Changes to your cycle because of the factors above would last longer than two to three cycles. They should not be attributed to the vaccine side-effects and if symptoms persist these should be investigated, so please see your GP.
It’s important to remember all forms of hormonal contraception and some non-hormonal such as the copper coil (IUD) can impact your periods. Take a look at our contraception pages and reviews to see what other users of each method have experienced, or take our contraception quiz to see which form of contraception is recommended best for you. Pregnancy is also a reason for periods to change and stop altogether so consider doing a pregnancy test as no contraceptive method is 100% effective.
When should I be worried about irregular periods?
How can you tell if it’s a side effect of the vaccine, or if it’s something else?
Vaginal bleeding can have many causes including polyps, infections, or cervical ectropion. If you’re still experiencing unusual bleeding after two cycles, then it’s not down to the COVID-19 vaccine. The MHRA advises: “anyone experiencing changes to their periods that are unusual for them, persist over time, or has any new vaginal bleeding after the menopause, following COVID-19 vaccination, should contact their doctor.”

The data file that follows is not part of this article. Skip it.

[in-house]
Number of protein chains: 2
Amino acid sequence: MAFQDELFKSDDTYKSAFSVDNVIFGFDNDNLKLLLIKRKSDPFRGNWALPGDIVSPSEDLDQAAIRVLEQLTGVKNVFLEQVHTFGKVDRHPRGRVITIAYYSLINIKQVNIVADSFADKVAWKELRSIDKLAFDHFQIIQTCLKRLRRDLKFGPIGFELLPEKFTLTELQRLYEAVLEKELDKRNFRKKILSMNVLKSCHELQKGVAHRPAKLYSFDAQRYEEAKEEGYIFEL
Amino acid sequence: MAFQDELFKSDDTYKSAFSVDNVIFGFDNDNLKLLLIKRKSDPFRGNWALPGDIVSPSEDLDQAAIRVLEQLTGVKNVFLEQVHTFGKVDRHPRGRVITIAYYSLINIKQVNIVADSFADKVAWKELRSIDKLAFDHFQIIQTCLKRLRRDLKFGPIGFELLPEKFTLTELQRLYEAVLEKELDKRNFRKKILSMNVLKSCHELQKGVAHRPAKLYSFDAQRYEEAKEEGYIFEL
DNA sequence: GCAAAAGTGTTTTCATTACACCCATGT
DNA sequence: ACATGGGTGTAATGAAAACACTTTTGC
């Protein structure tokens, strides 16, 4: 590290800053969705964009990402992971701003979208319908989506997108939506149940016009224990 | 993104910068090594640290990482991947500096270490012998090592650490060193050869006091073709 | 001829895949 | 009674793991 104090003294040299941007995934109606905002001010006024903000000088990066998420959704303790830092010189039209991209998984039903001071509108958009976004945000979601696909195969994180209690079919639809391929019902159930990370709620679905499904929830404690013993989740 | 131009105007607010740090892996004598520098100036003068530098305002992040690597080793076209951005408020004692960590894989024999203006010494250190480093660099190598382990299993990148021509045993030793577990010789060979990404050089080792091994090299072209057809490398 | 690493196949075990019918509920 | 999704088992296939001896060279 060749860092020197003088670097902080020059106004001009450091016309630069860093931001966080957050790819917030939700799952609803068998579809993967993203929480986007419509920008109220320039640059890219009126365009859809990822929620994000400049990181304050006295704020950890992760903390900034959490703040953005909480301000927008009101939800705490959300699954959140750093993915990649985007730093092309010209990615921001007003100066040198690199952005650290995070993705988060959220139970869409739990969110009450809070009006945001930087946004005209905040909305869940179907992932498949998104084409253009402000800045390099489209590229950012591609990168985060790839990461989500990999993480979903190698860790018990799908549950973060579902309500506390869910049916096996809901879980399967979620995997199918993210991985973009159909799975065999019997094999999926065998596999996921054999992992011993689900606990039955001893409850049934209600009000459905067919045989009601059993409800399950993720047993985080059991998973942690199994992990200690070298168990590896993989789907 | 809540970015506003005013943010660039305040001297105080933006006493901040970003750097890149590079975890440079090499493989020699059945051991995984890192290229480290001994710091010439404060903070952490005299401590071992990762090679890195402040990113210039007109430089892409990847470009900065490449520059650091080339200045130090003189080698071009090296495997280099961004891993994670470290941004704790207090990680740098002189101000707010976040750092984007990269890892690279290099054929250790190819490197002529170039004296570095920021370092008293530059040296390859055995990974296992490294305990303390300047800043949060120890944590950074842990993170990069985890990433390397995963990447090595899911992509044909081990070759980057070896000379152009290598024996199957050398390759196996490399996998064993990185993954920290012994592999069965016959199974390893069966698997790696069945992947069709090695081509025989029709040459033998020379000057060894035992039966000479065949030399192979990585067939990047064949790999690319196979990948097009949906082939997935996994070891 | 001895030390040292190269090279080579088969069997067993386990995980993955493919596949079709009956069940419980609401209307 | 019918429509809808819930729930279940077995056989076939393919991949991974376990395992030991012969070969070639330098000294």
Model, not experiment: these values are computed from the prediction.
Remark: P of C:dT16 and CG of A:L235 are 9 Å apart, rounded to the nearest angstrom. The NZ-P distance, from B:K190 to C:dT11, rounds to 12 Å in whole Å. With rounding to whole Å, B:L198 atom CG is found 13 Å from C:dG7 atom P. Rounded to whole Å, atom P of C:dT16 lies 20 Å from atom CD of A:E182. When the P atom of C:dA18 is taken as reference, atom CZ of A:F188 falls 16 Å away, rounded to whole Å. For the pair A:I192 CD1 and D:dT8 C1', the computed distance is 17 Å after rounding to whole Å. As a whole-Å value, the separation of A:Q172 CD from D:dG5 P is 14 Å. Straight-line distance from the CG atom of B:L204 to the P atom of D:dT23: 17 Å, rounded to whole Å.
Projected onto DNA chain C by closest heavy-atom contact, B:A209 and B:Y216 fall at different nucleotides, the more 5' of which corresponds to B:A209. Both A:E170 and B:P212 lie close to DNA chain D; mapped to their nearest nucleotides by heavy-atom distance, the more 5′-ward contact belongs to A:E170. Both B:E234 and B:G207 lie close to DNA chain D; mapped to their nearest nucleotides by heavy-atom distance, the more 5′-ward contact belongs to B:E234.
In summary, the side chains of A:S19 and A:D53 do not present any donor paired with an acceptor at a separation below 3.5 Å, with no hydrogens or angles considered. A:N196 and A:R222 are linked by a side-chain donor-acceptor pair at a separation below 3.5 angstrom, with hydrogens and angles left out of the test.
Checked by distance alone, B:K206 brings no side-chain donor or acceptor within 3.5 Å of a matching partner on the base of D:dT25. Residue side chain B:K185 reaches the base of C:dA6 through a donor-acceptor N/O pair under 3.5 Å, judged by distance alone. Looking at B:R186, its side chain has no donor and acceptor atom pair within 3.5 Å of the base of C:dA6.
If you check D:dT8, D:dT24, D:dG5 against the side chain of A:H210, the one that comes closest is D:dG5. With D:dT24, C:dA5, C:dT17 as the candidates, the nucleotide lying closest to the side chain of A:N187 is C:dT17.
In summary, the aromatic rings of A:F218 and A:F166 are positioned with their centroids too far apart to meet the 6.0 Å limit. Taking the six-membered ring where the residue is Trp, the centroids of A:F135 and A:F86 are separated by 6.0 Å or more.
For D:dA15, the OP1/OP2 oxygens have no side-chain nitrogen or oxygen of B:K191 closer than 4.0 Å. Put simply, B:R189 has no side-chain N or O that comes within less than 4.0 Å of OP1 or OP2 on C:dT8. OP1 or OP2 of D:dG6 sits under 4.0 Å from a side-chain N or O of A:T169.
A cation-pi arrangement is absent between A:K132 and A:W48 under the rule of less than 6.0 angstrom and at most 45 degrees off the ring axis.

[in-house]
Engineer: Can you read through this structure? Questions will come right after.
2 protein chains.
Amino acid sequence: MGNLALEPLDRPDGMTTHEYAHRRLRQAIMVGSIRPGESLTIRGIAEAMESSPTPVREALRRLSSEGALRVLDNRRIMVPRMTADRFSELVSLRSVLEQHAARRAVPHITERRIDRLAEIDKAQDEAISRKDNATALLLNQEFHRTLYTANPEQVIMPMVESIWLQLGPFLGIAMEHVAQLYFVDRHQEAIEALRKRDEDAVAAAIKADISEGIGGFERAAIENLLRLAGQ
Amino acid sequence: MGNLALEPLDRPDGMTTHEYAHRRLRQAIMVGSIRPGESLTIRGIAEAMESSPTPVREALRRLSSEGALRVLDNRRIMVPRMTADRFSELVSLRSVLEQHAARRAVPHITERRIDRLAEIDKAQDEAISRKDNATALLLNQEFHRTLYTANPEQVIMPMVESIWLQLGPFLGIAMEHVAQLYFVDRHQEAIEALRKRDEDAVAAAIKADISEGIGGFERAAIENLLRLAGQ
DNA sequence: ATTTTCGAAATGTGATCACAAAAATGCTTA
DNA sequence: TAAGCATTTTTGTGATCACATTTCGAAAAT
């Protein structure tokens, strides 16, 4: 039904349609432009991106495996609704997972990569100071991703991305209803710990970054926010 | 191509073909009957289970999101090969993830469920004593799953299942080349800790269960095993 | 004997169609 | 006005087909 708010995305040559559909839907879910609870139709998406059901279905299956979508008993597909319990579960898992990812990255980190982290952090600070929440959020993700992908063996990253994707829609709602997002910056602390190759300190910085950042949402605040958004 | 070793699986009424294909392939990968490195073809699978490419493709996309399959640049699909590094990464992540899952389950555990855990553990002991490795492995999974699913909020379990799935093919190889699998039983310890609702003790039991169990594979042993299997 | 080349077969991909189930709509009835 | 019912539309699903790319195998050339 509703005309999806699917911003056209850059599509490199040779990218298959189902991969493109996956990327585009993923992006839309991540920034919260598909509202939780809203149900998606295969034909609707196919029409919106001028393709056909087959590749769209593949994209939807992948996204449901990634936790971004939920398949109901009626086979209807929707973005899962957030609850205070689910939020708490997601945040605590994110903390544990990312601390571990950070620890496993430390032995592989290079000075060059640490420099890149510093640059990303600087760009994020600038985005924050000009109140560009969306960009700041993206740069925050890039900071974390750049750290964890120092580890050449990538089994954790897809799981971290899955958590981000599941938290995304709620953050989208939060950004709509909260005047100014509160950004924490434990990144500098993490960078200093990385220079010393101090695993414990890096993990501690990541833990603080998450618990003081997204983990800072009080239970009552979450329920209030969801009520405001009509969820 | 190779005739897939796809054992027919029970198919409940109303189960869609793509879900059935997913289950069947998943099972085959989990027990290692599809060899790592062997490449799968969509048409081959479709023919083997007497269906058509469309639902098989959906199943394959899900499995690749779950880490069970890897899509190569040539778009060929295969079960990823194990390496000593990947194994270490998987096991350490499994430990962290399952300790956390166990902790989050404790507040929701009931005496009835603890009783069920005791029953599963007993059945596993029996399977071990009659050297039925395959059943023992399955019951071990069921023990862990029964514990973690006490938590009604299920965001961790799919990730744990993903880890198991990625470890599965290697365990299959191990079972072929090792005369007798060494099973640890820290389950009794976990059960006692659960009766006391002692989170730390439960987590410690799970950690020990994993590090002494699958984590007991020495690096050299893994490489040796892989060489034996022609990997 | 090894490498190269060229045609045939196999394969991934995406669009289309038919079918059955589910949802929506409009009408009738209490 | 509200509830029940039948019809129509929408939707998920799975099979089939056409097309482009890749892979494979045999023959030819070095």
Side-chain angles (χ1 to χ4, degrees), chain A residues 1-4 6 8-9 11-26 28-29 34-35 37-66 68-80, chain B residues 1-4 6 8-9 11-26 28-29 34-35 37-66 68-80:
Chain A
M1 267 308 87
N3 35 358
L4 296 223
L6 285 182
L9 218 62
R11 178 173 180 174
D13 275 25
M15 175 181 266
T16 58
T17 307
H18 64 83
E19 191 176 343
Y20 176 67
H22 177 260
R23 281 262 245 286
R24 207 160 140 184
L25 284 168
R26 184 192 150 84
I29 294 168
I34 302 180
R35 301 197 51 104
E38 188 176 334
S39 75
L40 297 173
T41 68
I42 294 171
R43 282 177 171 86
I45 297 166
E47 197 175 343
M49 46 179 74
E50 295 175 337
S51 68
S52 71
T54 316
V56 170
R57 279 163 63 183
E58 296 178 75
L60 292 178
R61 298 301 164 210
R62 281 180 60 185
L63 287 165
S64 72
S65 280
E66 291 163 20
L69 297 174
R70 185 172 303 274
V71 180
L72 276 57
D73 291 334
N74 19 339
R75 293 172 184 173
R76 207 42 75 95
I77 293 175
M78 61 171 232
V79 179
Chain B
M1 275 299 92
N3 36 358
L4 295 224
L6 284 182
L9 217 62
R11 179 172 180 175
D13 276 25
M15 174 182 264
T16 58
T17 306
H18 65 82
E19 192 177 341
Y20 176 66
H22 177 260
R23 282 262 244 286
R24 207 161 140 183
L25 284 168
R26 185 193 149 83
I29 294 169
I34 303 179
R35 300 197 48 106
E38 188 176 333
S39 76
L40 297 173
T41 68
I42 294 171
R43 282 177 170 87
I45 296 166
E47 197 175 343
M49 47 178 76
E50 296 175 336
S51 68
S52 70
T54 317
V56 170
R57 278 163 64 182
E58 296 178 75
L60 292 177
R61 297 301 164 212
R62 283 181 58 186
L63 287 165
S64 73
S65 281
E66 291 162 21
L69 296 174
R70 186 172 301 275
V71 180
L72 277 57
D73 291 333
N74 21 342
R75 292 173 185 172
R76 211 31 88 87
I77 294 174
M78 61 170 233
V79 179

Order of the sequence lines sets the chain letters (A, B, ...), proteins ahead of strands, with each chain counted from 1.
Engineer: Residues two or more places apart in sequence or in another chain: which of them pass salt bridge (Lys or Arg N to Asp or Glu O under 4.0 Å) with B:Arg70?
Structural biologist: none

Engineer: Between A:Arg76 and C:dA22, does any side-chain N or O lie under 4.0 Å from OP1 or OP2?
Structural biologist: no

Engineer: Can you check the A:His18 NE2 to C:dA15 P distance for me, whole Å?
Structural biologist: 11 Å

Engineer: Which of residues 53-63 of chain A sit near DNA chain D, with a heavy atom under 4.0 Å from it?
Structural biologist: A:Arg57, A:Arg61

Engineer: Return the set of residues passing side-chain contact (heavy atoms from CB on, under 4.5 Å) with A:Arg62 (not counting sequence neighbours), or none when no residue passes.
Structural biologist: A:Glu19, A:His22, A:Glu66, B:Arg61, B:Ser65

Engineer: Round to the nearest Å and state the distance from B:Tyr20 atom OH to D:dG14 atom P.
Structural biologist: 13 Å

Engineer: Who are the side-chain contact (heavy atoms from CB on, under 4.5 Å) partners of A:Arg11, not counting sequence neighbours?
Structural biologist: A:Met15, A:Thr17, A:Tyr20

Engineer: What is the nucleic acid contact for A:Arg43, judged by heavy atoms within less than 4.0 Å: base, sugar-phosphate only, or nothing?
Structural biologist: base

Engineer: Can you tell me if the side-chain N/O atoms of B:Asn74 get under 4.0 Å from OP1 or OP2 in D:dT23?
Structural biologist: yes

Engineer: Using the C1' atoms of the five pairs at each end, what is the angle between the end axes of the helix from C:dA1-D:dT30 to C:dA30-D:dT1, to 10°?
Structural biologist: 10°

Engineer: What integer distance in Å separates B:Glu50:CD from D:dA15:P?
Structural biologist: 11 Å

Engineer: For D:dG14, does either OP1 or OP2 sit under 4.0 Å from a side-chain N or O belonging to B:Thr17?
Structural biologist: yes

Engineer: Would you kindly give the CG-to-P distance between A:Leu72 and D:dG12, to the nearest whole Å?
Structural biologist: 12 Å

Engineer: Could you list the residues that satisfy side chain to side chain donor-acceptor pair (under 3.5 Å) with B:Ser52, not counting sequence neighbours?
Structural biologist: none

Here’s what you should look out for:
- Constant bleeding, or bleeding for longer than 7 days each cycle
- Bleeding between periods
- Bleeding after sex regularly
- Cycles longer than 6 weeks, continuing for several cycles
- STI symptoms
When it comes to bleeding between periods, bleeding and spotting at the time of ovulation can be normal for some. However, if you’ve noticed bleeding that becomes heavier, or lasts a few days between periods, then it’s best to get it checked out. It’s also important to make sure your cervical smear tests are up to date!
If I don’t get the vaccine and I catch COVID-19, will that impact my periods?
Like a lot of illnesses, there’s evidence to show that if you get COVID-19, it can temporarily affect your menstrual cycle. One study looked at how COVID-19 infection might impact the menstrual cycle, specifically analysing sex hormones. While it couldn’t find a particular difference to hormones it did find that a quarter of participants reported changes to their period after catching COVID-19. Another study looking into the effects of long COVID also found that 15% reported changes to their periods after infection.
Dr Viki shares this advice: “if you’re really worried about your periods, not getting vaccinated is not the solution”.